The Anywheres constitute about 25 percent of the British population, but they dominate the political class, and it is their concerns that are paramount in public policy. The Anywheres favor “progressive individualism.” They place a “high value on autonomy, mobility, and novelty” and a “much lower value” on “faith, flag, and family.” Anywheres are “comfortable with immigration, European integration, and . . . human-rights legislation,” which “dilute the claims of national citizenship.”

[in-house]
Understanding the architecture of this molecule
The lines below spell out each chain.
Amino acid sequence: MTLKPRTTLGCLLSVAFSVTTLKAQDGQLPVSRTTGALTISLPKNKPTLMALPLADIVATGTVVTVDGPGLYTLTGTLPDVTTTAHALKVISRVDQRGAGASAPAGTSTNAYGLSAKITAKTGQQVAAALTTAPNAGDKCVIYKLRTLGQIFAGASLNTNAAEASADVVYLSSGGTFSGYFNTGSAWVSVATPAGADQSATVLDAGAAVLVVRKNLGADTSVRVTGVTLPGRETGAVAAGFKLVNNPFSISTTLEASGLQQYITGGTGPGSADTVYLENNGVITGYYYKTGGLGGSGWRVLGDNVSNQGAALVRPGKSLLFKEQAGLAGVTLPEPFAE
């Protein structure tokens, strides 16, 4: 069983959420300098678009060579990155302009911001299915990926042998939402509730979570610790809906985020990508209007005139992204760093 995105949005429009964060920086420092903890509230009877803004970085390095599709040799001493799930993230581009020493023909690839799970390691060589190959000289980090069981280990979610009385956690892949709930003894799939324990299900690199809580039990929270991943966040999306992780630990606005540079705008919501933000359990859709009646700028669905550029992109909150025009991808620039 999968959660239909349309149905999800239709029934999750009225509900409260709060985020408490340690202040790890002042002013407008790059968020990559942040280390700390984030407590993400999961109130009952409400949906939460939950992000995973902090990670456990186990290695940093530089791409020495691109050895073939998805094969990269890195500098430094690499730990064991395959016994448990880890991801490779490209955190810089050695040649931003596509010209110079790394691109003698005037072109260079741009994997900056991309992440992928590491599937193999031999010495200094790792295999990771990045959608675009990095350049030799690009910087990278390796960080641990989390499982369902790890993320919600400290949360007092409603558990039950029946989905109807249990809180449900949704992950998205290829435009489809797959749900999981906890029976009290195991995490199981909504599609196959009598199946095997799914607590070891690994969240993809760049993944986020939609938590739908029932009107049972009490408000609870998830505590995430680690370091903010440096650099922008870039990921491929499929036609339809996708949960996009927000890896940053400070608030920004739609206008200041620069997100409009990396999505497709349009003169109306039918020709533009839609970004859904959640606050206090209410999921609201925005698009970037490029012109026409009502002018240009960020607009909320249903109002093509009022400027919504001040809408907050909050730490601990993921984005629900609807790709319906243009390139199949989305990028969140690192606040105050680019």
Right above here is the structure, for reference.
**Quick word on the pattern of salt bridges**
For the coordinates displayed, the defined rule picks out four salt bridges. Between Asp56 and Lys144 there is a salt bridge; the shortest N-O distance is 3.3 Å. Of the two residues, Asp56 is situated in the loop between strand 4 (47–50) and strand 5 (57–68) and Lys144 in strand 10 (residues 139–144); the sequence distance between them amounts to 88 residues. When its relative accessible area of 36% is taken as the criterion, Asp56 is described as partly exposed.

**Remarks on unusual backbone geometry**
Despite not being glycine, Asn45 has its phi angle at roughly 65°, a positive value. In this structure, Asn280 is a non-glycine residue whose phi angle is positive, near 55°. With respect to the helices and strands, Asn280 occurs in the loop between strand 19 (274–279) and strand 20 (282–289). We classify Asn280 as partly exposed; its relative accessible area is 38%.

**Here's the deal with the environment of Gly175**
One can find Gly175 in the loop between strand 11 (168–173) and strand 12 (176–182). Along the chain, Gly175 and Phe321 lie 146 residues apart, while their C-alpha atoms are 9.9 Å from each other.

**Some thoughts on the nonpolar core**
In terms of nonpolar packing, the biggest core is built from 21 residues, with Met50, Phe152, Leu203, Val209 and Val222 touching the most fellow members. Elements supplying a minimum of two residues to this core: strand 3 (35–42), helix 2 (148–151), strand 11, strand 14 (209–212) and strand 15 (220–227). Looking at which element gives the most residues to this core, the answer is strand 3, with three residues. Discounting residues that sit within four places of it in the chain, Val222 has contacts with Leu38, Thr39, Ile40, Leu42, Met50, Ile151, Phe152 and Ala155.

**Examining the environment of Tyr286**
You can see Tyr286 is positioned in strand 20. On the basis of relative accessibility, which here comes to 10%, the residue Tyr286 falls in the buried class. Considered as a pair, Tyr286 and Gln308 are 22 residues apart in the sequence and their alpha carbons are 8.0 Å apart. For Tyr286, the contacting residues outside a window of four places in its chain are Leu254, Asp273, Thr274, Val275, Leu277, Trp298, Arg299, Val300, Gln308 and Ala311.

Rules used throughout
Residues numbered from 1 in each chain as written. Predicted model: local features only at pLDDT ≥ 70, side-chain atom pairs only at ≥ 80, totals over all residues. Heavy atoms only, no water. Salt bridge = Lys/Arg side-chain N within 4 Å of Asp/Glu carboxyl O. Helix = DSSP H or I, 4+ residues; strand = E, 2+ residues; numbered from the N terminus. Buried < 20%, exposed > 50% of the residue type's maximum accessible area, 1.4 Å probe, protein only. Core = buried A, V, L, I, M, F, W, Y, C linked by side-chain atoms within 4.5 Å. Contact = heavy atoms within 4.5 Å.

In contrast to the people who see the world from “anywhere” are the people who see the world from “somewhere.” The Somewheres are more rooted and socially conservative, older, with less formal education but a greater attachment to tradition, the Crown, and the nation.